By Kim Voynar Voynar@moviecitynews.com

Sundance Review: KUSAMA

Kusama is the top-selling female artist in the world, her art, which frequently features dots, mirrors,or both. As we learn from the film Kusama, directed by Heather Lenz, her journey to acceptance and fame in the art world was not an easy one. Lenz begins, more or less, at the beginning – in Kusama’s dark childhood, defined by the disapproval of her parents, in particular her mother, who forbade her daughter to be an artist – before taking the audience on a journey through Kusama’s later life and growth as an artist.

Kusama has said that her work, which centers broadly around the idea of the self being obliterated by patterns, reflects the hallucinations of repetitive dots and other patterns that have plagued her since she was a young child. She began painting at the age of ten, eventually corresponding with Georgia O’Keefe as a young adult before moving to New York City in 1958, where she became a part of the art scene there, staging “Happenings” in protest of the war and showcasing her work in exhibitions.

From 1958 to 1973 was a productive period in Kusama’s life artistically, yet even as her work clearly influenced (some might say was copied by) some of the better-known male artists in the NYC scene at that time, Kusama could not garner the level of attention and support that surrounded her white male peers. When her depression finally got bad enough, she retreated back home to Japan – where she was further rejected as “scandalous” for her art – especially the Happenings, which frequently involved nude dancers and live painting on nude models. In 1976, she checked herself into the mental hospital where she still lives voluntarily today; her studio is a couple of blocks from the hospital, and she paints there every day.

As far as the art world was concerned, when Kusuma moved back to Japan that was that; she all but disappeared from the art world, and might, like so many other female artists, have been lost to its history entirely, had not curator Alexandra Munroe brought her back into the forefront in 1989 with the exhibition “Yayoi Kusama: A Retrospective,” the first critical survey of the artist’s work, which thrust Kusama and her work back into the spotlight.

As far as documentaries go, this is straightforward – an homage to the artist and her work, not a scandalous tell-all – but the subject matter is so fascinating that it doesn’t matter; it’s almost as though the film itself, with its basic, linear structure, is content to play straight man to its colorful subject, allowing Kusama, her life and her art to tell their own story. In a Sundance year packed with strong female filmmakers and documentary subjects, Kusama shines a light on one of the most fascinating, original and enduringly influential artists of our time.

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“I had this friend who was my roommate for a while. She seemed really normal in every way except that she wouldn’t buy shampoo. She would only use my shampoo. And after a year it’s like, “When are you going to buy your own shampoo?” It was her way of digging in her heels. It was a certain sense of entitlement, or a certain anger. It was so interesting to me why she wouldn’t buy her own fucking shampoo. It was like,“I’m gonna use yours.” It was coming from a place of “You have more money than me, I just know it”—whether I did or I didn’t. Or maybe she felt, “You have a better life than me,” or “You have a better room than me in the apartment.” It was hostile. And she was a really close friend! There was never any other shampoo and I knew she was washing her hair. And clearly I have a thing about shampoo, as we see in ‘Friends with Money.’ I had some nice shampoo. So I found that psychologically so interesting how a person can function normally in every way and yet have this aberrance—it’s like a skip in the record. It was a sense of entitlement, I think. I put that in Olivia’s character, too, with her stealing someone’s face cream.”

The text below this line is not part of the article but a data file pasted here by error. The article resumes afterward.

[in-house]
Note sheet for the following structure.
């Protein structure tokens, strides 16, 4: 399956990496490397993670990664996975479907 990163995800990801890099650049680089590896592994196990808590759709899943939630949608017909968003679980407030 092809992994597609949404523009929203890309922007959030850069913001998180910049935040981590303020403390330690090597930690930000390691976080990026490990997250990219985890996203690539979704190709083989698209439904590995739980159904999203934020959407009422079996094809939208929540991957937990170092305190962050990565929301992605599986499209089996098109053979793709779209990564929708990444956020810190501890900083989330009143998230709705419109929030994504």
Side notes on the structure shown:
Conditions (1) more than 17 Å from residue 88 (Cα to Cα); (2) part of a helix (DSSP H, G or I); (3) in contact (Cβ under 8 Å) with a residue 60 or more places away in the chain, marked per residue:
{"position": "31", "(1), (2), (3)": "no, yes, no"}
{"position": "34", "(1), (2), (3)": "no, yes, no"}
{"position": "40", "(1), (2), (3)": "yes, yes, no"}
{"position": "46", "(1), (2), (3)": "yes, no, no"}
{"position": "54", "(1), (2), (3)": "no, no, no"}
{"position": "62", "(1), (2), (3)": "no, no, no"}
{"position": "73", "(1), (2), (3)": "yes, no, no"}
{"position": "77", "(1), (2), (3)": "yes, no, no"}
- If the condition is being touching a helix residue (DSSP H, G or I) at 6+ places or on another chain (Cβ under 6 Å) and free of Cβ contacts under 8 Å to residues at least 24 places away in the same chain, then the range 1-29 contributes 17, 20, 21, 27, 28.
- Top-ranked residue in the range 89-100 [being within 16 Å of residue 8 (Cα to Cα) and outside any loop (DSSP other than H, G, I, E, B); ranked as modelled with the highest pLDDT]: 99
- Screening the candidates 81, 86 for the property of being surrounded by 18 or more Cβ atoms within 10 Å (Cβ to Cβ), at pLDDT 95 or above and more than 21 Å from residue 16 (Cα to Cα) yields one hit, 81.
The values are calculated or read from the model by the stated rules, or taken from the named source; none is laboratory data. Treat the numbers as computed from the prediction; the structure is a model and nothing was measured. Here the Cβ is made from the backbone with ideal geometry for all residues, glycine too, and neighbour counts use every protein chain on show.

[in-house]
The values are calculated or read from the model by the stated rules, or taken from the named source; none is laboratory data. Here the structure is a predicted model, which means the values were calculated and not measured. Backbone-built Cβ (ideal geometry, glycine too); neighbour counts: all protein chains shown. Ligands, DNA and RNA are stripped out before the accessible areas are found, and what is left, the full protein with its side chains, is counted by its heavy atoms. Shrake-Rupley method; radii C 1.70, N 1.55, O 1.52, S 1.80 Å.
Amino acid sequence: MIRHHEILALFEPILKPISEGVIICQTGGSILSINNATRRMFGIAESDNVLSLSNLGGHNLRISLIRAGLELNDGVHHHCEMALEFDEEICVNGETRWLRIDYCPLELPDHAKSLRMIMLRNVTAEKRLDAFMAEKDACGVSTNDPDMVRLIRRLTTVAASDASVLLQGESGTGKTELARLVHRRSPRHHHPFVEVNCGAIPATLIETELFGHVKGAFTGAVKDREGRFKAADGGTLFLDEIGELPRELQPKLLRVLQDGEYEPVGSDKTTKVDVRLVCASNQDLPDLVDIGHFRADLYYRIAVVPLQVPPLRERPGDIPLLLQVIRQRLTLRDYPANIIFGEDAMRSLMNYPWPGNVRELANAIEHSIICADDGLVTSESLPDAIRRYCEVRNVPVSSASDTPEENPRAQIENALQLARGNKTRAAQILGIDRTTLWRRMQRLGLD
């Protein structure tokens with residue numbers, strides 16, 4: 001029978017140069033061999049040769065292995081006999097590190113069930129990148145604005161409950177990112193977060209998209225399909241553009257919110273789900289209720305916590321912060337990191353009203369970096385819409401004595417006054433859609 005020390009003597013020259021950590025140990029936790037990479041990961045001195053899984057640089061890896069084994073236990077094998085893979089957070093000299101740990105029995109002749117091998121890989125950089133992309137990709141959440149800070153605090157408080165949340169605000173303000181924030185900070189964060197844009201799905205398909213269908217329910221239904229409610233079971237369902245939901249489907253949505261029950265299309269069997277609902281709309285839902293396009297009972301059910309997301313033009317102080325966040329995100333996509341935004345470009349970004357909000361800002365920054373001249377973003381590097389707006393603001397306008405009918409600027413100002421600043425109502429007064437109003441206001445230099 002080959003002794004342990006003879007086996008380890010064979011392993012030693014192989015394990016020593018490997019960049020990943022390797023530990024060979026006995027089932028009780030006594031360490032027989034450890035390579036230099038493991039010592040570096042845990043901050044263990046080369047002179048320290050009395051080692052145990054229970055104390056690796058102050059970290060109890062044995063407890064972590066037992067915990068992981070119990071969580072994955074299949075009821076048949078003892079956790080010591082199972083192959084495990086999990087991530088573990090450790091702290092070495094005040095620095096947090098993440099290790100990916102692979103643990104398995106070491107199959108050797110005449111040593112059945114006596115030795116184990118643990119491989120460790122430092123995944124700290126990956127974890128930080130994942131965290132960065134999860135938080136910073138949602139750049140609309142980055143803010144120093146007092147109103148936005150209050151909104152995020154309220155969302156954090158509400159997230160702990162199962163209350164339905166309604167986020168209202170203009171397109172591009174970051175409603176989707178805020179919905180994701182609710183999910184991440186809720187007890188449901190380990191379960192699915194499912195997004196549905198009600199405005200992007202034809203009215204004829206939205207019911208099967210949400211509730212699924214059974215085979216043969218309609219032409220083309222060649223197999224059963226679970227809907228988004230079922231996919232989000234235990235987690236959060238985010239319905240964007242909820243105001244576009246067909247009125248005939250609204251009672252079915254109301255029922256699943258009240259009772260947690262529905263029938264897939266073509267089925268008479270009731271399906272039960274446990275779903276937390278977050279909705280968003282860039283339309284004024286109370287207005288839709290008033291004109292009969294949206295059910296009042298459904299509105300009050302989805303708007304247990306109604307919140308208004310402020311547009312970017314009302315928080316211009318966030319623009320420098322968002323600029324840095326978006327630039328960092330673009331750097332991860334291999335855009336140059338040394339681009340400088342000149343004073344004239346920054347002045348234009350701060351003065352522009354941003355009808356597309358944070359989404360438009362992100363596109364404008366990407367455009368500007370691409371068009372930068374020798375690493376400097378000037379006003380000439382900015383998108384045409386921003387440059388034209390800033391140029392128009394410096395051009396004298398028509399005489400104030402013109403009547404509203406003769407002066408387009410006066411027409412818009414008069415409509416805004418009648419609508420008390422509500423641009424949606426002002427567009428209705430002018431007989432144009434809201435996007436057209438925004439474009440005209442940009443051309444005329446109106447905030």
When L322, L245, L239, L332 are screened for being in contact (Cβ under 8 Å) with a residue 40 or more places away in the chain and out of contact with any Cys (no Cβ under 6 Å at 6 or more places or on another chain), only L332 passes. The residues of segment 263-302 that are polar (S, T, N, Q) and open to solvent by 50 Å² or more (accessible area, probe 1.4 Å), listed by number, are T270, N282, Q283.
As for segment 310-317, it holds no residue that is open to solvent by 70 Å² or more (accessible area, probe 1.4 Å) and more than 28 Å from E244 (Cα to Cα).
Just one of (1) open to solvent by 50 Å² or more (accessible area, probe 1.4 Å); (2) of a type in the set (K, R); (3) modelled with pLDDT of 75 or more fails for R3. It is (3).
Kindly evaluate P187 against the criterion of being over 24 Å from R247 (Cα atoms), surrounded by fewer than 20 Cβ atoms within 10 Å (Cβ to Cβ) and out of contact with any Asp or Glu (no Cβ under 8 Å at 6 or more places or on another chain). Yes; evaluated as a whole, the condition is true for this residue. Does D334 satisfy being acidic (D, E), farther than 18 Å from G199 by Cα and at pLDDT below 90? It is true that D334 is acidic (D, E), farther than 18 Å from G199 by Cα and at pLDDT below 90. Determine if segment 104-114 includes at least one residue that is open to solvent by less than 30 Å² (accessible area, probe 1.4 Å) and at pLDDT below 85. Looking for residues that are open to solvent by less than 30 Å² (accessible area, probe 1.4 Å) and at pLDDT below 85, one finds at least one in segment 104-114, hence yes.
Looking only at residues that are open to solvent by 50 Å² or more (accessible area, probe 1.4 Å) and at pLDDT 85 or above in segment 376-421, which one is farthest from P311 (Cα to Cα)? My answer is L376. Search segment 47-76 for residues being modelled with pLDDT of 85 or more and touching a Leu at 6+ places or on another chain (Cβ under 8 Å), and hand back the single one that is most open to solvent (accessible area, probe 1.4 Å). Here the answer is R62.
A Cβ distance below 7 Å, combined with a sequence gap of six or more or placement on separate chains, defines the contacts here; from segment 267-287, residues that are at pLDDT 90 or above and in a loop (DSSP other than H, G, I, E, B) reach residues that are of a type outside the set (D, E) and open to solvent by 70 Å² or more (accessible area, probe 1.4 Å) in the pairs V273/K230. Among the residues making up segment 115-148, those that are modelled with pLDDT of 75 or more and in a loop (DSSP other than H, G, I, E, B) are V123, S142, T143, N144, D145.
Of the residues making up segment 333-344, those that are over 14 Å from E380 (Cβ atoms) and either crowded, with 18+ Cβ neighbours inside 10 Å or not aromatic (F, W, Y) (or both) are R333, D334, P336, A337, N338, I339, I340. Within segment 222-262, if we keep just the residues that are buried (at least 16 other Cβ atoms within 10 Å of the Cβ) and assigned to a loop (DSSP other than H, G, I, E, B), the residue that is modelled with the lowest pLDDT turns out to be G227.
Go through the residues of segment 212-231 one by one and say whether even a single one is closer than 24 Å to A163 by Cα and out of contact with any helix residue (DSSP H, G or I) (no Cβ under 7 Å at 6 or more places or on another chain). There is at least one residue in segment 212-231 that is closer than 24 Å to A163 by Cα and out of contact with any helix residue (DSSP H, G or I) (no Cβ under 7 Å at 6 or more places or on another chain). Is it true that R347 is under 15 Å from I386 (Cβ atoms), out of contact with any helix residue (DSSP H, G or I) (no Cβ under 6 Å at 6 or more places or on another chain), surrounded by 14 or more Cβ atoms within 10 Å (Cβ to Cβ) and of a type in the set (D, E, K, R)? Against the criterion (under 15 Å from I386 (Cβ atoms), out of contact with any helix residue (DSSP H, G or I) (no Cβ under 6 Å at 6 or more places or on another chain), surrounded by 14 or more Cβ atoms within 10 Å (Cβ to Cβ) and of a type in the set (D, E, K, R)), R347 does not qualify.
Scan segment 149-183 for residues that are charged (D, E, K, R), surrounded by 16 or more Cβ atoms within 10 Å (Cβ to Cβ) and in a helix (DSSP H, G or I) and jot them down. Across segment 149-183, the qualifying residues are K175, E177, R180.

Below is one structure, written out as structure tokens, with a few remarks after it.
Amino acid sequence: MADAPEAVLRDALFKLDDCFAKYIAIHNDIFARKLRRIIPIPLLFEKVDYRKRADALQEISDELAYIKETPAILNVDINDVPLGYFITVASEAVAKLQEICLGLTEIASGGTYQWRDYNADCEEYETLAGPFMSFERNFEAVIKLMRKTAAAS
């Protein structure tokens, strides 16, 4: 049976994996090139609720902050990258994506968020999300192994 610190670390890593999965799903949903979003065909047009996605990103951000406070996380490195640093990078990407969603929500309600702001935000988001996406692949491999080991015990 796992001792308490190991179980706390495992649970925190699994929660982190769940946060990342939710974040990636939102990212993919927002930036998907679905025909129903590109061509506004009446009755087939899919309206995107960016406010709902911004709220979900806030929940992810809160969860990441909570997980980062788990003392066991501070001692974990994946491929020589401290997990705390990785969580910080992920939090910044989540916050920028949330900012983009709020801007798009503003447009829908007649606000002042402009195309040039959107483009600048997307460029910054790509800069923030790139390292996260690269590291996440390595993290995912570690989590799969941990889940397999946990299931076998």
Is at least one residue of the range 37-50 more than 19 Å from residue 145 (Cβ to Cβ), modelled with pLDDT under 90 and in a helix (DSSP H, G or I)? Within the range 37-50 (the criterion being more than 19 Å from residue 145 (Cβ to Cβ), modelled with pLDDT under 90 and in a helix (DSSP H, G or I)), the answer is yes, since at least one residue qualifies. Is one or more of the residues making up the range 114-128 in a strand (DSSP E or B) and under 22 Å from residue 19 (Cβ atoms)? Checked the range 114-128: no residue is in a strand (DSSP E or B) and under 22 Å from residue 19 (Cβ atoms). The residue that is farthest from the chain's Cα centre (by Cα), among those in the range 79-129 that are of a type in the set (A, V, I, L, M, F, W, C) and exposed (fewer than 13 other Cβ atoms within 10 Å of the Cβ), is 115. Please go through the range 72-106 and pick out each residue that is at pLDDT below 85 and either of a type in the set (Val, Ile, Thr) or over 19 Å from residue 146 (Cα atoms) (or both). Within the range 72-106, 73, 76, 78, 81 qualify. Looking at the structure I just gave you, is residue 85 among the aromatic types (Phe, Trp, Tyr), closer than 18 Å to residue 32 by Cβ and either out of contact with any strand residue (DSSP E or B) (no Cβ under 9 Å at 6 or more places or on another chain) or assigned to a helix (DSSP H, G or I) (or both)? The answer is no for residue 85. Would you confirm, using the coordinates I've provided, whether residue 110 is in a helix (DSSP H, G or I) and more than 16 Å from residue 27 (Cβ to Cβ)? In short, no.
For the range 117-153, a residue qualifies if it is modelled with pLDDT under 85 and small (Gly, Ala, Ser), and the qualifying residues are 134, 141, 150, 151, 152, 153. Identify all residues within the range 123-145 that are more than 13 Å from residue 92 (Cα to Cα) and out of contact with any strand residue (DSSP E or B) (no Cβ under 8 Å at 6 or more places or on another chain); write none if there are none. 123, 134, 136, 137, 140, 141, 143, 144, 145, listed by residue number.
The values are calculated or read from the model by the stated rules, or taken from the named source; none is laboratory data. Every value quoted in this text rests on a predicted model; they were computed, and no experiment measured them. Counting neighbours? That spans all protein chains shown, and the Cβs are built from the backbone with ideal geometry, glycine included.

Nicole Holofcener

“When books become a thing, they can no longer be fine.

“Literary people get mad at Knausgård the same way they get mad at Jonathan Franzen, a writer who, if I’m being honest, might be fine. I’m rarely honest about Jonathan Franzen. He’s an extremely annoying manI have only read bits and pieces of his novels, and while I’ve stopped reading many novels even though they were pretty good or great, I have always stopped reading Jonathan Franzen’s novels because I thought they were aggressively boring and dumb and smug. But why do I think this? I didn’t read him when he was a new interesting writer who wrote a couple of weird books and then hit it big with ‘The Corrections,’ a moment in which I might have picked him up with curiosity and read with an open mind; I only noticed him once, after David Foster Wallace had died, he became the heir apparent for the Great American Novelist position, once he had had that thing with Oprah and started giving interviews in which he said all manner of dumb shit; I only noticed him well after I had been told he was An Important Writer.

“So I can’t and shouldn’t pretend that I am unmoved by the lazily-satisfied gentle arrogance he projects or when he is given license to project it by the has-the-whole-world-gone-crazy development of him being constantly crowned and re-crowned as Is He The Great American Writer. What I really object to is this, and if there’s anything to his writing beyond it, I can’t see it and can’t be bothered. Others read him and tell me he’s actually a good writer—people whose critical instincts I have learned to respect—so I feel sure that he’s probably a perfectly fine, that his books are fine, and that probably even his stupid goddamned bird essays are probably also fine.

“But it’s too late. He has become a thing; he can’t be fine.”
~ Aaron Bady